It has been three years since Congress passed the Americans with Disabilities Act (ADA) Amendments Act of 2008. The law, sometimes known as the ADAAA, went into effect at the start of 2009, yet little changed right away. Why? Because the Equal Employment Opportunity Commission (EEOC), charged with creating regulations and interpreting the ADA Act Amendments, did not complete that work until earlier this year.
Those regulations were finally completed and took effect just before summer 2011. The ADAAA and the new regulations did not change the definition of "disability" that existed under the original ADA. To be disabled today, as before, an employee must have a physical or mental impairment that substantially limits one or more major life activities, a record or history of such impairment, or be regarded by the employer as disabled.
Second, the ADAAA and its new regulations move away from the notion originally central to disability law that each situation must be considered individually and on its own facts and circumstances to prevent discrimination. While that is still the stated premise, it is undermined by the EEOC's declaration that certain impairments will "virtually always" meet the definition of disability, including autism, deafness, blindness, cancer, diabetes, epilepsy and numerous mental illnesses. According to the EEOC, it essentially no longer matters if that employee with epilepsy can perform the job just as well – or even better – than his peer without epilepsy. The epileptic employee is "virtually always" disabled.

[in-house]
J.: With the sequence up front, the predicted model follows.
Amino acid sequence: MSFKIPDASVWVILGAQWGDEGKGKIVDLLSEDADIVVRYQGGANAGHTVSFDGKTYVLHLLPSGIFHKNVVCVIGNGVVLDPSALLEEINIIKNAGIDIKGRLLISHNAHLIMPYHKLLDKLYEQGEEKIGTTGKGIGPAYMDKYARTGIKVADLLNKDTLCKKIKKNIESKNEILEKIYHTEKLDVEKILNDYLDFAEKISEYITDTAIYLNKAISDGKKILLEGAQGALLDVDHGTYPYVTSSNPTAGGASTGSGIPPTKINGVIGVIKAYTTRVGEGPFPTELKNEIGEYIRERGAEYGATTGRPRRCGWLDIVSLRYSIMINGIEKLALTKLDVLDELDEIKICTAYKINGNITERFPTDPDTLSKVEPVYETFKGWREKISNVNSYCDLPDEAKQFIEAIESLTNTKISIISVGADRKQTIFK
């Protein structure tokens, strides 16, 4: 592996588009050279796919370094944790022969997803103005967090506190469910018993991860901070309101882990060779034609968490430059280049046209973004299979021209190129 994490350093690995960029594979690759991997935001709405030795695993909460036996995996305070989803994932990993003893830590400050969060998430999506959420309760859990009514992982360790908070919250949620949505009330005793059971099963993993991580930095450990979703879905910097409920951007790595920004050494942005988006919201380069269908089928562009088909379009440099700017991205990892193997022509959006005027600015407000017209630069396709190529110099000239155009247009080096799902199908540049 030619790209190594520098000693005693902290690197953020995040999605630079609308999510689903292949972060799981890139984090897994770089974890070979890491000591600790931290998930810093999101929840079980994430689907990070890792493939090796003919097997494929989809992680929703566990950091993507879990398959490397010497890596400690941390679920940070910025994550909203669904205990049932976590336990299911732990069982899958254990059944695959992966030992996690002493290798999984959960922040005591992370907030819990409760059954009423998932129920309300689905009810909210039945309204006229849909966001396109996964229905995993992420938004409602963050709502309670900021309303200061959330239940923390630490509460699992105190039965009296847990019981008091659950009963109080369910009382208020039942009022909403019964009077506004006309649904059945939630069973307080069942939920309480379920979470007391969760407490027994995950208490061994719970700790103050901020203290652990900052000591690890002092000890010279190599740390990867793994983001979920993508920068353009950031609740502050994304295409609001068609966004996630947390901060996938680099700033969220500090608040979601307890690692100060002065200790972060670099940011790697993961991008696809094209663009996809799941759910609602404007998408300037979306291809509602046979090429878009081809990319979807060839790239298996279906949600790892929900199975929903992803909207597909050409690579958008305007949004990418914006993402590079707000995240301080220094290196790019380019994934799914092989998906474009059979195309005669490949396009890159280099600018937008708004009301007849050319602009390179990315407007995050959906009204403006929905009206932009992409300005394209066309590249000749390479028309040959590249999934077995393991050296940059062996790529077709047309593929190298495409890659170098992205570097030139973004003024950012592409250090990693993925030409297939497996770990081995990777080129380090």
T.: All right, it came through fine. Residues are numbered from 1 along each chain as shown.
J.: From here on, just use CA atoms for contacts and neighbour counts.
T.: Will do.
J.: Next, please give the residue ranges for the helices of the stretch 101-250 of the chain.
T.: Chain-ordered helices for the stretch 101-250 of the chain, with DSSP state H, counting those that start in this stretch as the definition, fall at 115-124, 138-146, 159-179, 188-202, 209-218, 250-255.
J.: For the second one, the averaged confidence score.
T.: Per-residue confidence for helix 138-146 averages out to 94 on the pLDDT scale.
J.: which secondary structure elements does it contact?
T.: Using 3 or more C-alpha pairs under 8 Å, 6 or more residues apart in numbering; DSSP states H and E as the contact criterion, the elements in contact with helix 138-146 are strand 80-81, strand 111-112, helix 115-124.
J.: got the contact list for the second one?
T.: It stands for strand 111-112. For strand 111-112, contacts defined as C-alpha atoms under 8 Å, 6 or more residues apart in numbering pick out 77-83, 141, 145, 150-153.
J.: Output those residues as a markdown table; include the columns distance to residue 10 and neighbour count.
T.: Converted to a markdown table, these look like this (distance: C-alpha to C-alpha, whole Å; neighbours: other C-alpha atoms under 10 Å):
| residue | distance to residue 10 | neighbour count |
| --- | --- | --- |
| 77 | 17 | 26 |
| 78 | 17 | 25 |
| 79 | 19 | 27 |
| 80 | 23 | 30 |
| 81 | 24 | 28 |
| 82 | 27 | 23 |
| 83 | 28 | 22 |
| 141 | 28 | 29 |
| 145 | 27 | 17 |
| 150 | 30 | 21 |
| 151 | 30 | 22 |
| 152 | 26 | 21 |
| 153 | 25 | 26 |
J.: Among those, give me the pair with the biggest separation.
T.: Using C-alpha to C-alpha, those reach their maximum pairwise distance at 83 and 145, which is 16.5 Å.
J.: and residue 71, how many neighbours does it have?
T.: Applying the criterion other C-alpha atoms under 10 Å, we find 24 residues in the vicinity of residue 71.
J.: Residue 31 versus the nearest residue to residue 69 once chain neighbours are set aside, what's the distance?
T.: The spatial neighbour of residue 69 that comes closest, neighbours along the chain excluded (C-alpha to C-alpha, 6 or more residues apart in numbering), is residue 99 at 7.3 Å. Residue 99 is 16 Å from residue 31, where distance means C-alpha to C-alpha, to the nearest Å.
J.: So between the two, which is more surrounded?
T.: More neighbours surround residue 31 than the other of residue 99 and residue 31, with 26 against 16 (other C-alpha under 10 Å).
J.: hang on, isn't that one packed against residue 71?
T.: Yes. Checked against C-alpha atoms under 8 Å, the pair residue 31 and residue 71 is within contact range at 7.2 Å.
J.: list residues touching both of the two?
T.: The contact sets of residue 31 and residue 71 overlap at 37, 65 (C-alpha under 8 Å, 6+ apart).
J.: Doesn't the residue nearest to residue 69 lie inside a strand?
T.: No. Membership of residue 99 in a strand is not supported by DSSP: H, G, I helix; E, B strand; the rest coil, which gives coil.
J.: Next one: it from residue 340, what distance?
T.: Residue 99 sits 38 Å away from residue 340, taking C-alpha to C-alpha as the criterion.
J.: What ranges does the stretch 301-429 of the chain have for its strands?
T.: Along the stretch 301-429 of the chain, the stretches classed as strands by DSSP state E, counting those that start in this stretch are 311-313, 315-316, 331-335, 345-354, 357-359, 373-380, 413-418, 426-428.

Likewise, the new regulations require employers to evaluate whether employees are disabled without taking into account "mitigating factors" like medications used to address illnesses or conditions. Because of this, a diabetic employee who takes insulin and functions just like everyone else must be viewed based on how he or she would function without taking insulin.